By SUSAN DONALDSON JAMES, on ABC News
For 15 years, Kae Guardi loved her Depo-Provera, taking injections of the synthetic birth control hormone once every three months and never having to worry about menstruating. But at age 48, nearing menopause, Gaurdi went off it for eight months and was overwhelmed with severe symptoms: nausea, breast tenderness and fatigue. And the dry heaves were so bad that she went back on the shots.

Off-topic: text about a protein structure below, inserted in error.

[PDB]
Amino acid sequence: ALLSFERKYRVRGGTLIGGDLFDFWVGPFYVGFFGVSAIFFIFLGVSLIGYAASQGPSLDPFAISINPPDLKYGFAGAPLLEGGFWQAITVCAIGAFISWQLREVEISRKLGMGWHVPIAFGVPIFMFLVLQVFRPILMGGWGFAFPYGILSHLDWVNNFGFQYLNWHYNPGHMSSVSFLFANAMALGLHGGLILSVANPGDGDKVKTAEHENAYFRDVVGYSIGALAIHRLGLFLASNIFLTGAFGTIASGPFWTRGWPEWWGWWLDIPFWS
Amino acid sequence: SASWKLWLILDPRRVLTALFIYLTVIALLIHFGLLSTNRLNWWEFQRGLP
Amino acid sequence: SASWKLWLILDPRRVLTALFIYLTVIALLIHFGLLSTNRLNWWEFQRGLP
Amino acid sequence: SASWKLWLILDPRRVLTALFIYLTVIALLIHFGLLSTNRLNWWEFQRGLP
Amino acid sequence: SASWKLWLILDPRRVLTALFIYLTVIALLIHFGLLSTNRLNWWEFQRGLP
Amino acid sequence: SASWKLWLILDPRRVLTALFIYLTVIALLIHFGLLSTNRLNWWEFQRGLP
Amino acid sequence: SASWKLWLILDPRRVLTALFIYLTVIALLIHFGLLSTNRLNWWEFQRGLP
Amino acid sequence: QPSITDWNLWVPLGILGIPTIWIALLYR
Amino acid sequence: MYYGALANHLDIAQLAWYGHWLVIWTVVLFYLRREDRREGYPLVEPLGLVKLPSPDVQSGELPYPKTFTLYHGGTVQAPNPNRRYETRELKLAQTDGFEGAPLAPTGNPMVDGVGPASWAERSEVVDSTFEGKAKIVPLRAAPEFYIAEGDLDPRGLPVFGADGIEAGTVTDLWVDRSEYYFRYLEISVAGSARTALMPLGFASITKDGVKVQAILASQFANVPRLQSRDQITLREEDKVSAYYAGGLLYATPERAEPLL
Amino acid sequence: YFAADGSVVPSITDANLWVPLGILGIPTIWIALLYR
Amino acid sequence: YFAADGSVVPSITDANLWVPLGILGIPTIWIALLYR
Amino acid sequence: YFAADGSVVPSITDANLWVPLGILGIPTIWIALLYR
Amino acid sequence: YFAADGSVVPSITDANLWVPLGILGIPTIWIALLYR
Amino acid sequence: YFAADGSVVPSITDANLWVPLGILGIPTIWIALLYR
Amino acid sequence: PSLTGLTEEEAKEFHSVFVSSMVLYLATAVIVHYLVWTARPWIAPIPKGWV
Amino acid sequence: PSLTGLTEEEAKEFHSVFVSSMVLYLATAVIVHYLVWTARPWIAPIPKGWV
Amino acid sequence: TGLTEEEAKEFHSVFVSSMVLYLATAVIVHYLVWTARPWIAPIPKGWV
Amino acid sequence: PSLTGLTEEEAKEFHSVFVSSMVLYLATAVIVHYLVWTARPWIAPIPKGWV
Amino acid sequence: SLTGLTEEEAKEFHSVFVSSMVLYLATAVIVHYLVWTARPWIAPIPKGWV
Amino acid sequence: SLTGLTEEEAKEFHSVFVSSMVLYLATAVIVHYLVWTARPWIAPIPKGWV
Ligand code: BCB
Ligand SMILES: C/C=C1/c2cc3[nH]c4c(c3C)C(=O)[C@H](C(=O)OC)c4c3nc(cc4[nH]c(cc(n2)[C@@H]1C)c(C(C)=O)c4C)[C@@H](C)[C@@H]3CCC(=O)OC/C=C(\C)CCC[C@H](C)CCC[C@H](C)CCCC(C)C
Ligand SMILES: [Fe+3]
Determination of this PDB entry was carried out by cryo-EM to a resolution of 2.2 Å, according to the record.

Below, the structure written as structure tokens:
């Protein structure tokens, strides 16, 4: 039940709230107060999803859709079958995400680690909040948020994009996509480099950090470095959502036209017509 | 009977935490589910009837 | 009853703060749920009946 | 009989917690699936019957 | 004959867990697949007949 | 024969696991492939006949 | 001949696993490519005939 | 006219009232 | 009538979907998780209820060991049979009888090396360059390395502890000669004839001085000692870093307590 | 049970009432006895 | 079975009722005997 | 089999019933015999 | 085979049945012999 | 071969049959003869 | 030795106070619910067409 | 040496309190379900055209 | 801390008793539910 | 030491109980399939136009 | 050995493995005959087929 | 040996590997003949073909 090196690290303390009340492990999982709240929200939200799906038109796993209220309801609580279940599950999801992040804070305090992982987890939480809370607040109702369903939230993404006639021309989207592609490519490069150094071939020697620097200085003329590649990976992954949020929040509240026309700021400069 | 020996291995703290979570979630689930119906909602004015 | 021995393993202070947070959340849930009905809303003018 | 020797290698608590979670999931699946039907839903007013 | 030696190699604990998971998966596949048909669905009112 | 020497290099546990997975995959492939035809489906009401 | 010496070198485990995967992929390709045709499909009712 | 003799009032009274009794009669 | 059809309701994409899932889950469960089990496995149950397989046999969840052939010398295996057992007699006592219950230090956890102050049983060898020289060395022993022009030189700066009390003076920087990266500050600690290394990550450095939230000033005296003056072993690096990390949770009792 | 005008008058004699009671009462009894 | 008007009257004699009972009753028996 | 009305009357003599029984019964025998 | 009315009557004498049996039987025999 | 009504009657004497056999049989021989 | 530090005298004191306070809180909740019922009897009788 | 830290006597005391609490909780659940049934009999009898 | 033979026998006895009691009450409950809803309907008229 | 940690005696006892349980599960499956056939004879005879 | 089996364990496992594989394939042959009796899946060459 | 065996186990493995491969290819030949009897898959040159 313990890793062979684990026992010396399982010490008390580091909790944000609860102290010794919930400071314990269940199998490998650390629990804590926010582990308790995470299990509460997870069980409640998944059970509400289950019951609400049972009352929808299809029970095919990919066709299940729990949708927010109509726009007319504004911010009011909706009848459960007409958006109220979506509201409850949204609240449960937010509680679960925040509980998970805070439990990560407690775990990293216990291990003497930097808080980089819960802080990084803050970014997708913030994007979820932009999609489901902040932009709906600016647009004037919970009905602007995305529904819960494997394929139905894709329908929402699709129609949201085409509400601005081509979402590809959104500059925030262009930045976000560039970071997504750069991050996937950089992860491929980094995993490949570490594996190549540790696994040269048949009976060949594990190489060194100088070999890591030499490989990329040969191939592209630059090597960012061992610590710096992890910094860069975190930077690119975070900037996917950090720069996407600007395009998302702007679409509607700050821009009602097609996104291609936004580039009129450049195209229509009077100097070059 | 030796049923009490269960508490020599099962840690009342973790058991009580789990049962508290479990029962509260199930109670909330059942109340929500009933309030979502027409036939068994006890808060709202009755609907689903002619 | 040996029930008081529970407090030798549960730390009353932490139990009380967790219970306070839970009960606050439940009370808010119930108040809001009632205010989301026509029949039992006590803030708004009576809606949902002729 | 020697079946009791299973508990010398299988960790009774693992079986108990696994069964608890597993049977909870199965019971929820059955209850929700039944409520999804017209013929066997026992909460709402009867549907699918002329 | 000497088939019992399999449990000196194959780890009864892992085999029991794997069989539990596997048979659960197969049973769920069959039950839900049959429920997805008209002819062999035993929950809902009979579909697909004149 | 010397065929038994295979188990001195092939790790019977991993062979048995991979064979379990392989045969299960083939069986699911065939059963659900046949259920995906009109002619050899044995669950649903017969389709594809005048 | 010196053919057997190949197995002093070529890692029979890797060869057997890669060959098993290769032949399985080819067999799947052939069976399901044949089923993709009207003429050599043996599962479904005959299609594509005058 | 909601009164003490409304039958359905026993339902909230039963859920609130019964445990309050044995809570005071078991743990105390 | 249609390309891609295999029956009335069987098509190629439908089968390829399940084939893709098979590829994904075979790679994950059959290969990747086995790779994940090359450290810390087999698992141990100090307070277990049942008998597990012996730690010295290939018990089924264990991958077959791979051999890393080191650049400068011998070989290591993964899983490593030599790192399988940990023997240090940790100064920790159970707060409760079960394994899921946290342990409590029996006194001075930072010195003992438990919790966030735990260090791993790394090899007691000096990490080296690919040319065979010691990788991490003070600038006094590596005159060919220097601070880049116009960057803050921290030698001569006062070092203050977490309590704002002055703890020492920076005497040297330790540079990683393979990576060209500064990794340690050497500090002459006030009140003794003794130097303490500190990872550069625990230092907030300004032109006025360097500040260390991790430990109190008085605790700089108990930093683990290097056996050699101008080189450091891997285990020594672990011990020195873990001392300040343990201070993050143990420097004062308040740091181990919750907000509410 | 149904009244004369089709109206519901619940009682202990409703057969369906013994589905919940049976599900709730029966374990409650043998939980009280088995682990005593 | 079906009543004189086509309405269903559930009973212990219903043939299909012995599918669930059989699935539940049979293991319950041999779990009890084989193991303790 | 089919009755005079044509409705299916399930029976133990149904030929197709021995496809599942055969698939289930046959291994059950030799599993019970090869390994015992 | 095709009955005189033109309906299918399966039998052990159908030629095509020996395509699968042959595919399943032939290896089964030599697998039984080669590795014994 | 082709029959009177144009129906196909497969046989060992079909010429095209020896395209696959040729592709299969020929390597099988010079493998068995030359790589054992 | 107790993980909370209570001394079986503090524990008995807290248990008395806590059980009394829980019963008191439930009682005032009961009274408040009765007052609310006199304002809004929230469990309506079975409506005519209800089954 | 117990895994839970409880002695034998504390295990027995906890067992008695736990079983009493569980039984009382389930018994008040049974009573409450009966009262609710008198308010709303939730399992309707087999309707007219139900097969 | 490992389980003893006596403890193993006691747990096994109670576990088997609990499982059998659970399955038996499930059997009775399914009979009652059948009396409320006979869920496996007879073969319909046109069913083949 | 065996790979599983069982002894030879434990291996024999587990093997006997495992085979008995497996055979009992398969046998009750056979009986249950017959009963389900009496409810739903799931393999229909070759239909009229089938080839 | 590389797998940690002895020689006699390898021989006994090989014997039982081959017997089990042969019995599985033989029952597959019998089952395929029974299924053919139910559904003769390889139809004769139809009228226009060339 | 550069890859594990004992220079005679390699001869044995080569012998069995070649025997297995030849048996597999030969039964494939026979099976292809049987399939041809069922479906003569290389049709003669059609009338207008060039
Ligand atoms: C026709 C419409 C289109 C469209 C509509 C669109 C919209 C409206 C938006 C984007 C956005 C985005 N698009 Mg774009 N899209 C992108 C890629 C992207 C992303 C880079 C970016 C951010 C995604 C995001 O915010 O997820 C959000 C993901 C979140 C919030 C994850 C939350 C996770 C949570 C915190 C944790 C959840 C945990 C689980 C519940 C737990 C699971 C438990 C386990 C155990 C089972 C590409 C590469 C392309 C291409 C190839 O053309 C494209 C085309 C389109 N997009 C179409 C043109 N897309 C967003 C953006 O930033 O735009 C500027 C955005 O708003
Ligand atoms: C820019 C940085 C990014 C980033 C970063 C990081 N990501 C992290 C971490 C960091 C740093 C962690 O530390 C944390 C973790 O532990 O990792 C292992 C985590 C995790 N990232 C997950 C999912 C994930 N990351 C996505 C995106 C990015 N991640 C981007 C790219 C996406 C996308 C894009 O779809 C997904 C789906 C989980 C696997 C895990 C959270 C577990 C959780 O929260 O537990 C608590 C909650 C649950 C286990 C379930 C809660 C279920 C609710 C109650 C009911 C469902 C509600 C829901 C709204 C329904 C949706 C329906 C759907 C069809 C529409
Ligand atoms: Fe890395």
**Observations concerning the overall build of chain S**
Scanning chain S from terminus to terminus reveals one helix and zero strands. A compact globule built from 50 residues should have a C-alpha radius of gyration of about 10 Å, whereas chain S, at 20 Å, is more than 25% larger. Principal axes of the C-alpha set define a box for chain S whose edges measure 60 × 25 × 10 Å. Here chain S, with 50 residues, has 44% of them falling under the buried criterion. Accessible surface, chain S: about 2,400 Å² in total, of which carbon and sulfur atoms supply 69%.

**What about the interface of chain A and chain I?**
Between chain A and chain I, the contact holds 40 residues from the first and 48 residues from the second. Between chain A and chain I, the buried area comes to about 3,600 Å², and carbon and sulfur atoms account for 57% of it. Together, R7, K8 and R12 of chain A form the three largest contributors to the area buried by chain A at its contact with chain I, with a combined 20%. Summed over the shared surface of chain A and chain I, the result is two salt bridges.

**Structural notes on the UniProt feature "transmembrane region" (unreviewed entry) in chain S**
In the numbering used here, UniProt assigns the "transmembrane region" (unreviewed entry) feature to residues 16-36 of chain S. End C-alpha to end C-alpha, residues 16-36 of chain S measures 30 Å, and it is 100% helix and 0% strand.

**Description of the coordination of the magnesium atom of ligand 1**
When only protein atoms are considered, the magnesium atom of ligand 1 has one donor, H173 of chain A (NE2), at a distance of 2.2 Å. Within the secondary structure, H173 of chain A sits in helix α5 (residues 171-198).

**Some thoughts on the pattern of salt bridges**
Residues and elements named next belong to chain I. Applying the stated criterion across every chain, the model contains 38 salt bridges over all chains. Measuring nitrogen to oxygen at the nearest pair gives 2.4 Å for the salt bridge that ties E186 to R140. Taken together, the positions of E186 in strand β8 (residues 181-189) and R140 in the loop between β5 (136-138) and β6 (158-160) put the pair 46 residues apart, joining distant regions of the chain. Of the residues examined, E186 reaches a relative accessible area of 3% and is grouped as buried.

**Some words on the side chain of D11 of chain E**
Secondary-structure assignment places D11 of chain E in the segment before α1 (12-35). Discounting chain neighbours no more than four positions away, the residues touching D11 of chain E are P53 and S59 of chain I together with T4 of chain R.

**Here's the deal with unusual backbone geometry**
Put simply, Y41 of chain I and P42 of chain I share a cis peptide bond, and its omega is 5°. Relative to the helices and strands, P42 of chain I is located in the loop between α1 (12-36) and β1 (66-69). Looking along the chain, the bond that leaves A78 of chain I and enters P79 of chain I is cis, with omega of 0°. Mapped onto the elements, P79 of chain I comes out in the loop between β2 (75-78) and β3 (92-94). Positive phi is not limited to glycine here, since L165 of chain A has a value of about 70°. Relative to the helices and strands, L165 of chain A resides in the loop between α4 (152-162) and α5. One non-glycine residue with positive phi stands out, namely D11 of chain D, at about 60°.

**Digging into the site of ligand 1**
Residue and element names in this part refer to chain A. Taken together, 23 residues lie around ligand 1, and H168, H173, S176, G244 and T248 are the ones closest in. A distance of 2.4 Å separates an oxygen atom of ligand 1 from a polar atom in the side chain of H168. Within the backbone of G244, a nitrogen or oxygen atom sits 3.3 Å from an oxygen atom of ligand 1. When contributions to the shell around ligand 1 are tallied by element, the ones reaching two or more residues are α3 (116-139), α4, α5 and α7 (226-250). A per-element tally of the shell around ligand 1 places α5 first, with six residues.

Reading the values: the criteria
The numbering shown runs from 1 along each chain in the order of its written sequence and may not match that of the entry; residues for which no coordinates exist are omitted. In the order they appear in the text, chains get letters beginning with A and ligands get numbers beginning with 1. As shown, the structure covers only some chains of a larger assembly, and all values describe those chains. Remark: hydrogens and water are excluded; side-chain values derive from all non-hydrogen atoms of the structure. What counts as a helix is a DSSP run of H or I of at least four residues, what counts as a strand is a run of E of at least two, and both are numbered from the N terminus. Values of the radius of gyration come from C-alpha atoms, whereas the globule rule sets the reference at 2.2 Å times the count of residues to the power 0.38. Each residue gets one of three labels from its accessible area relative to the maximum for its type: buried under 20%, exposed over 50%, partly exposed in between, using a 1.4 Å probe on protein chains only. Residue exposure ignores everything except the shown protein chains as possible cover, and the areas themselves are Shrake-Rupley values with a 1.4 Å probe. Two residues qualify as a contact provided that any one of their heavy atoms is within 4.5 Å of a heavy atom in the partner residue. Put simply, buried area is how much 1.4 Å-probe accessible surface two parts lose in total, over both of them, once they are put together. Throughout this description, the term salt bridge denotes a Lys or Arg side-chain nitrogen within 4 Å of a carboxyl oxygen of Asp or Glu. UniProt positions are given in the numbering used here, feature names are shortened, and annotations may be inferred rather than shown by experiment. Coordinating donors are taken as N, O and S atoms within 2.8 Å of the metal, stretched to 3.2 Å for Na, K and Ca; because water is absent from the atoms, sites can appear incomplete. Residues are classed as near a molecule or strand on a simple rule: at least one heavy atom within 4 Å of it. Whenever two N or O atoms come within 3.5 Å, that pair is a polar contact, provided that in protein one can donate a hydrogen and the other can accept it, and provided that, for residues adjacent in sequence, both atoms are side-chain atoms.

Produced by Pfizer, Depo-Provera is the brand name for an aqueous suspension of medroxyprogesterone acetate, which is injected every 12 weeks in the woman’s buttock or upper arm to prevent ovulation. It is 97 percent effective in typical use. The drug, which is also used to treat endometriosis, as well as other medical conditions, has had a long safety record since it was first introduced in 1967. The original manufacturer, Upjohn, was repeatedly denied approval by the Food and Drug Administration in the 1970s, until 1992 when it was allowed to market Depo-Provera in the United States for contraception. Read more at ABC News